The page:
Please explain “Sunday best” in this sentence: He’s going to wear his Sunday best – it’s his big day. Sunday best?
This means “he”, whoever that is, is going to have a good time on that occasion, whatever that is.
Sunday best? Yes, it’s a phrase. And it needs a little explanation.
He, literally, is going to wear the best clothes he has on that day, his big day.
Perhaps his birthday, perhaps graduation day, perhaps a day when he’ll receive a medal or award for something he has achieved.
Every dog has its day and this being his day, he’s going to have a good time. He’s going to enjoy the occasion.
Again, whatever that occasion is. Here, we’re concerned with “his Sunday best”, and that is literally the best clothes he has, which he would wear on Sundays, when he goes to church with his family.
“Sunday best” is kind of obsolete but that’s what it is about, or rather what it was about, originally. In the past, when people were poor, they reserved wearing their best clothes for when they went to church on Sunday and for other special occasions. After all, as the great American humorist Mark Twain said: “Clothes make the man. Naked people have little or no influence on society.”
Kidding aside, that’s it. That’s about it. If you’re non-religious, you’re forgiven for having difficulty why religious people wear their Sunday best when they go to church. Just remember, it’s the same as people wanting to wear their finest clothes for special occasions, such as birthday parties or other ceremonies.
All right, here are media examples of situations where people wear their Sunday best, both literally and metaphorically speaking:
1. As Mae Hazelton walked along West Main Street in Tavares, Florida, in her Sunday best, painful childhood memories took over her.
Now 65, she remembered seeing crosses burning in the distance and drinking from a water fountain with signs that read “colored” and “white only.” As she approached the Old Lake County Courthouse, the fear she felt as a girl walking those same streets rushed through her body.
“I think about the Black men that were beaten there and tortured there,” Hazelton said.
But she also remembered her grandmother Nellie Virginia Burkes’ wise words, “Fight... for what is right.”
Hazelton has been in the fight of her life for the past two years.
It started in June 2018, when she learned that the statue of Confederate General Edmund Kirby Smith was scheduled to move from the US Capitol to the Old Lake County Courthouse.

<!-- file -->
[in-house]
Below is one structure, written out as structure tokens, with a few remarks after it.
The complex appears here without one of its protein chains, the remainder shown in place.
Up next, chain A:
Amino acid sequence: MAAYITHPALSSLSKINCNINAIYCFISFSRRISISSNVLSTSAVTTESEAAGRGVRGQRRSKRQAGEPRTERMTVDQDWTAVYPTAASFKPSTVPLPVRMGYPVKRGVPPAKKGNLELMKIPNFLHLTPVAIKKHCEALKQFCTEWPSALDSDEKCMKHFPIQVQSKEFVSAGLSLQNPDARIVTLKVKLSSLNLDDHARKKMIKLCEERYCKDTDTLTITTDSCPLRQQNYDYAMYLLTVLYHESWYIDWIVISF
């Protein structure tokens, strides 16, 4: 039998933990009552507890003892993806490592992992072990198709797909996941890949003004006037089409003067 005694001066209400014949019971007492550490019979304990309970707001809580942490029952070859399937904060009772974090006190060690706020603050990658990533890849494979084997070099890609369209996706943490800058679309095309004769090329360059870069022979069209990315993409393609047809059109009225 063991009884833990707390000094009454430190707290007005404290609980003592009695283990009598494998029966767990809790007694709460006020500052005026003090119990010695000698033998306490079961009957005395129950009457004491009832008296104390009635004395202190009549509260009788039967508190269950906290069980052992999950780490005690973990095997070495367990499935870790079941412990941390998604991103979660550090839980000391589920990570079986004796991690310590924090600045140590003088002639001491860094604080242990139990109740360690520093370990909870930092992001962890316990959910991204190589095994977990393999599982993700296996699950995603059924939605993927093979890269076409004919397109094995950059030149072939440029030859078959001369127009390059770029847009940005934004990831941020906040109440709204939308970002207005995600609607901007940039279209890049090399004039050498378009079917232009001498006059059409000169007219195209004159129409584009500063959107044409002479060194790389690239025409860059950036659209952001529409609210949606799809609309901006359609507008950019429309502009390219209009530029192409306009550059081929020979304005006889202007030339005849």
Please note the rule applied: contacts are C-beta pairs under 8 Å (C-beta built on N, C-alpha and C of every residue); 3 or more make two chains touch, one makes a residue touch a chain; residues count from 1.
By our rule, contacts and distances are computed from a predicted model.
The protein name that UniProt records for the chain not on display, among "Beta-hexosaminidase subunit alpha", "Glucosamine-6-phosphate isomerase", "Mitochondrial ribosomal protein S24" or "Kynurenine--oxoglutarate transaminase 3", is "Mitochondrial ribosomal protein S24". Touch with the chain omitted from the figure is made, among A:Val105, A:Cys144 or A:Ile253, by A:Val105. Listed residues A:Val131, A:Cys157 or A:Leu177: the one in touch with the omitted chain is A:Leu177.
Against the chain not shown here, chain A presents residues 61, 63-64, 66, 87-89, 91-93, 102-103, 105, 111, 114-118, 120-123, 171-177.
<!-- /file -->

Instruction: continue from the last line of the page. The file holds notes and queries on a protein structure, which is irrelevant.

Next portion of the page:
That’s the same courthouse where in 1949 four young African American men, Walter Irvin, Samuel Shepherd, Charles Greenlee and Ernest Thomas -- known as the Groveland Four -- were accused of a crime they didn't commit, tortured and subjected to racially motivated oppression.
A memorial for the Groveland Four was erected outside the Old Lake County Courthouse last year, when the young men were posthumously pardoned.
“The brutality and injustice that these men endured resulted in the wrongful death of Mr. Thomas and Mr. Shepherd, and the unfair incarcerations of Mr. Irvin and Mr. Greenlee,” the plaque on the memorial reads.
Standing by the memorial, Hazelton said that moving a Confederate statue into a government-owned building known for its racism and oppression against African Americans was just wrong.
“It’s evil and wrong and we shouldn't have it here in our community,” Hazelton said.
- ‘Fight for what is right’: One woman's battle to keep a Confederate statue out of her community, CNN.com, June 21, 2020.
2. Okay, the Walt Disney Company has just started its massive marketing campaign for an anniversary celebration.
On October 1st, 2021, Walt Disney World will commemorate its 50th anniversary with plenty of festivities.
Disney officials have confirmed that a pesky thing like a pandemic won’t derail these plans.
On Good Morning America, the company unveiled some of what it has planned for the party of the half-century.
All this promotion has probably given you the feels and forced you to consider some plans for the fall.
Should you visit Walt Disney World for the 50th anniversary? Well...
Mickey Mouse and Minnie Mouse will dress in their Sunday best throughout the 18-month party!
- Should You Visit Walt Disney World for the 50th Anniversary Celebration? MickeyBlog.com, February 20, 2021.
3. In 1948, John Peake won a silver medal at the Olympic Games in London. In 2021, also in London, he struck what many would consider gold, receiving his first dose of a coronavirus vaccine.